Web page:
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Amy Gordinier’s 360-Degree Approach to Skin Care

The Skinfix chief executive officer develops need-based products with clinical backing and holistic well-being in mind.

For Amy Gordinier, chief executive officer of Skinfix, all roads point to the skin barrier.

Clinically validated, dermatologist recommended and holistically spirited, Gordinier’s approach to product development has found applications for myriad skin conditions. “We are tackling all skin issues from eczema to keratosis pilaris to rosacea. There is a common thread to all of them. It’s skin barrier health, and specifically, skin barrier function,” Gordinier said at the 2022 WWD Wellness Forum.

Gordinier tapped into her entrepreneurial streak with Skinfix after stints in corporate life, when she found the brand much close to home. Her neighbor made a balm, invented by an ancestor in 19th-century England, that improved Gordinier’s own dry skin and her daughter’s eczema. Gordinier acquired the business in 2012.

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She was immediately intrigued with the formula’s no-nonsense list of efficacious ingredients.

Part of Gordinier’s mandate post-acquisition was clinically validating the brand. The brand’s first clinical study, done on 10 patients with Canadian dermatologist Dr. Sandy Skotnicki, indicated that “the product performed incredibly well and very quickly, but what was really important to doctors was that, in many cases, the patients loved using it,” Gordinier said, adding that it matched a prescription steroid in relieving eczema symptoms.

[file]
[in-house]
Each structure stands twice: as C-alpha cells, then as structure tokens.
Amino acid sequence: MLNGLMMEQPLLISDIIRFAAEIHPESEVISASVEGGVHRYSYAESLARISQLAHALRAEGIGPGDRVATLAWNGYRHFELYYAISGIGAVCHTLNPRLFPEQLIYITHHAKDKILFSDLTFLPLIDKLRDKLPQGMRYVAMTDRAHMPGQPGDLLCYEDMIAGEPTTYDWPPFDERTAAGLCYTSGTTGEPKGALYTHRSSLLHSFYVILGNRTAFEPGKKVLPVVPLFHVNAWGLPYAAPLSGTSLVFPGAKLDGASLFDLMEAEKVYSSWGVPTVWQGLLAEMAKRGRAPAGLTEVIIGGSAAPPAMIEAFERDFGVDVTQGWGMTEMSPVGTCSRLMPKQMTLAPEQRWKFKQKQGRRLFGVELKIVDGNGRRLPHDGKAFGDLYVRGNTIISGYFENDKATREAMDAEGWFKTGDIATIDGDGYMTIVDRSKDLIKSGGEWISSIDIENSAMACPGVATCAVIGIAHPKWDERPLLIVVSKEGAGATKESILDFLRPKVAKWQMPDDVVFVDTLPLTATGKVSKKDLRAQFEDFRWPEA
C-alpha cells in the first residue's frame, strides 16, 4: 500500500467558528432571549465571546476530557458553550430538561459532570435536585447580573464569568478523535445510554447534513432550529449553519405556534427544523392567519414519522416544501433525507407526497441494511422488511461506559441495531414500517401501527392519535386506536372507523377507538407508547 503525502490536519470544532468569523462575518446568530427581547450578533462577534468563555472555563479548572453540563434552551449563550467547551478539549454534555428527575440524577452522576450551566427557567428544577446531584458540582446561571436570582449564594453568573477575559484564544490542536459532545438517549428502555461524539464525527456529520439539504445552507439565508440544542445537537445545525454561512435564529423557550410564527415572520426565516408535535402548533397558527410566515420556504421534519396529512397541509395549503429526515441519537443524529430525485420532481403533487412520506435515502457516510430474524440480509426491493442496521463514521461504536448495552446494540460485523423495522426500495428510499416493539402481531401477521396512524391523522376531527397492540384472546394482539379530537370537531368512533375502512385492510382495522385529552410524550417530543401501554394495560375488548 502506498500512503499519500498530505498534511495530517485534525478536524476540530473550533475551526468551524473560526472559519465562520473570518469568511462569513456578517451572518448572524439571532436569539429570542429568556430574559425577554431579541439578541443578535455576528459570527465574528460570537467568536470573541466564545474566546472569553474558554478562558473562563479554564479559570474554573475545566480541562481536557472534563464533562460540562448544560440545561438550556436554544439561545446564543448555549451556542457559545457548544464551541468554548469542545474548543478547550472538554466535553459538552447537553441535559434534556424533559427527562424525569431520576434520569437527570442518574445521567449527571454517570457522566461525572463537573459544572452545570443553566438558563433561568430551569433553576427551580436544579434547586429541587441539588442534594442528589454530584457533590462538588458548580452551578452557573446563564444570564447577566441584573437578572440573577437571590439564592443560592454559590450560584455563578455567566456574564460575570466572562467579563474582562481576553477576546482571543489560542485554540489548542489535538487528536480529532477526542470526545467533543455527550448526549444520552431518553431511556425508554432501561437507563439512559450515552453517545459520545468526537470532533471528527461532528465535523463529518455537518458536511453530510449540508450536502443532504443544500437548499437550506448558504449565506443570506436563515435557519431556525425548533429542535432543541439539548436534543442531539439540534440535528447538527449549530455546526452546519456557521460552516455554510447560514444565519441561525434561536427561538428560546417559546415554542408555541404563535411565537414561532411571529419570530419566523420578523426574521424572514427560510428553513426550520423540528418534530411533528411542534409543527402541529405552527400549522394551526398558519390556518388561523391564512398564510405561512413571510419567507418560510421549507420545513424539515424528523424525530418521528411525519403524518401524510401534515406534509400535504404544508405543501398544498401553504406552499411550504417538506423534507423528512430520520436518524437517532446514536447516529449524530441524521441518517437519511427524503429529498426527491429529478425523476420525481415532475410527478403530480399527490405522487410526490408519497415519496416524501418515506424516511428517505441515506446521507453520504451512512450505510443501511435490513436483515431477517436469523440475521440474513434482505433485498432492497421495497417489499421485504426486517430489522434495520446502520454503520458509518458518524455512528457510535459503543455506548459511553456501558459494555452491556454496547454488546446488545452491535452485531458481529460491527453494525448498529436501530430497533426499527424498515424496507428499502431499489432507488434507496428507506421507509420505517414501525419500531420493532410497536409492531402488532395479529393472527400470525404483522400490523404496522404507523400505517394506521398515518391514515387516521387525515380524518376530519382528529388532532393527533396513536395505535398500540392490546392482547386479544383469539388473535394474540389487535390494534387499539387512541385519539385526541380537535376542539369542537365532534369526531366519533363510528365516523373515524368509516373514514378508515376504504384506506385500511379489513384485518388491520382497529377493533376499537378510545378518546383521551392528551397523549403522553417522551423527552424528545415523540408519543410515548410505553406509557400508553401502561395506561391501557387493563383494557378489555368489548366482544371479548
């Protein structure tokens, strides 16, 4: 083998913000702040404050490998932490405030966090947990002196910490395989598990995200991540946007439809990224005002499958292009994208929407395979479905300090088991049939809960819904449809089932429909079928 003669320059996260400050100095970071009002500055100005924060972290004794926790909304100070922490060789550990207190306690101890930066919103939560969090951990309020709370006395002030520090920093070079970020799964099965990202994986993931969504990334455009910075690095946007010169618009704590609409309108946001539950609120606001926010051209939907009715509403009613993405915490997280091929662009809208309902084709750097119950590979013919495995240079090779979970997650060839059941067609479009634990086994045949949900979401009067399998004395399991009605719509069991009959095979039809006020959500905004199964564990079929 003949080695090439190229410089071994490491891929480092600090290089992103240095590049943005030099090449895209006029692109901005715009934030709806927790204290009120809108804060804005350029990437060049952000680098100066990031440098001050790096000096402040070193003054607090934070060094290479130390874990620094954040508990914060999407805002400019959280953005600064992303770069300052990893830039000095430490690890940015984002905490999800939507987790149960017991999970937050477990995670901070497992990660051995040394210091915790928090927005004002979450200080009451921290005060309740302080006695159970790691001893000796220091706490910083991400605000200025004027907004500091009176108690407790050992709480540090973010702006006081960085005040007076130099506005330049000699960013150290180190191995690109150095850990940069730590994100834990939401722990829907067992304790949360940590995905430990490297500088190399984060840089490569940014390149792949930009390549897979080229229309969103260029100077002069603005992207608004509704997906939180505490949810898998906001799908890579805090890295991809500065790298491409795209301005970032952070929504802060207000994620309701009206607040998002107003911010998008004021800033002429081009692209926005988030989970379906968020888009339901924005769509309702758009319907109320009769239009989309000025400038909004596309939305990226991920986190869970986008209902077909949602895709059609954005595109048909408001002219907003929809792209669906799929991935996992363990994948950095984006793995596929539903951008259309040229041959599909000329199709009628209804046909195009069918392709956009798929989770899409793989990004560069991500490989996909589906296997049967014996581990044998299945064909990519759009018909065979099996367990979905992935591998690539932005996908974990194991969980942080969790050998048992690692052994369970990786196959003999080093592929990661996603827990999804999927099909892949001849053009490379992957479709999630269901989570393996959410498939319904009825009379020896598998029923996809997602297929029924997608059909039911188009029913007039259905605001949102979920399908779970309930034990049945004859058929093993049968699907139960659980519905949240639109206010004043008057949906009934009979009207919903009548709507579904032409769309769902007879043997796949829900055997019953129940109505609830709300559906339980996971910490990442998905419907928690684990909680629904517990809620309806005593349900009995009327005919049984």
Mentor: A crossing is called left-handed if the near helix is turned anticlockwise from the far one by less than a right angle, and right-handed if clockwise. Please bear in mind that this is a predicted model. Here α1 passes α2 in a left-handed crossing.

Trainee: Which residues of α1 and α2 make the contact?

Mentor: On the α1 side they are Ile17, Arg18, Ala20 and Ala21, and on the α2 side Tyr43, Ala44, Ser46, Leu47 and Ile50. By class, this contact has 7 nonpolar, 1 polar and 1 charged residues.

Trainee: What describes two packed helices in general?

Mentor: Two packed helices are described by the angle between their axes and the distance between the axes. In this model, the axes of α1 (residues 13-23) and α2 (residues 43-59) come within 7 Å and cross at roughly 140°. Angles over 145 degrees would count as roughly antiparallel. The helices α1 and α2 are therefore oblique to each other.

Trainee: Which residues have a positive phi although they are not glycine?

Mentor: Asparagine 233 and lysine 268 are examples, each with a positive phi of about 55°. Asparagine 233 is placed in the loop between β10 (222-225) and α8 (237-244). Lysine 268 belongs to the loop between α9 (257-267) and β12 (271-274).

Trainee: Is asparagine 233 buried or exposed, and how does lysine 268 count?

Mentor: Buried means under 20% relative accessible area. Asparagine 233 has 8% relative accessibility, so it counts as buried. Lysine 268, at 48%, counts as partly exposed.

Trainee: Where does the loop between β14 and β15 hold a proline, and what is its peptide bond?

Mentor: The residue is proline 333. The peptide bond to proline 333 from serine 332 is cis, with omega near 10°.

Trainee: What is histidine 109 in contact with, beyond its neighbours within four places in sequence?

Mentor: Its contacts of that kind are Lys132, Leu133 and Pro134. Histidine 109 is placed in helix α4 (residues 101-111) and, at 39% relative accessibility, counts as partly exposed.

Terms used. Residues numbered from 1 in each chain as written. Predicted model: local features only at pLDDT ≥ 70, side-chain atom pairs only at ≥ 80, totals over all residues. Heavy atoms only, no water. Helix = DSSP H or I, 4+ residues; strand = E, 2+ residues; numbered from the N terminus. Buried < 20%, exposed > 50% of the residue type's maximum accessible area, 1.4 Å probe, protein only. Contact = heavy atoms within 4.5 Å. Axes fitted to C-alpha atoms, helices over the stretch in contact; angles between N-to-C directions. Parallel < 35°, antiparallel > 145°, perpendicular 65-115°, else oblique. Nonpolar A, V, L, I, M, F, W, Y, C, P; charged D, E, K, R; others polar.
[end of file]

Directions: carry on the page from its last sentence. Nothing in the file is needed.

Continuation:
Skinfix still relies on dermatologists’ support when ideating new innovations, and has forged an even closer connection with the medical community. Its product development pipeline starts with consulting doctors, followed by searching for the right ingredients and formulations. Then, the brand perfects the product experience itself, before clinically validating the results.

“We have a scientific advisory board of five respected derms in North America, and we work with them to understand the root causes and symptoms [of skin conditions],” Gordinier said.

That approach has also helped Skinfix gain consumer trust. “In terms of client-facing credibility, during COVID-19, a lot of derms took to social media to educate us about skin barrier health. Skinfix was known, loved and respected in the derm community.”

Gordinier’s next frontier is the brain-complexion connection, with eyes on holistic ways to treat many skin concerns’ root causes, which can be psychological. “Psychodermatology is a really hot topic right now,” she said. “This is where psychology and psychiatry meet, and we know there is a direct correlation between skin diseases like psoriasis, acne, eczema and vitiligo, and rates of depression, anxiety and even suicide. There is also a growing understanding of the relationship between levels of anxiety, depression and even trauma and triggers or skin disease.”

“The more we start to understand this, the better equipped we are as a brand to offer information, education and resources to our clients, but also look at ways to build our more holistic therapies for treating skin disease,” she said.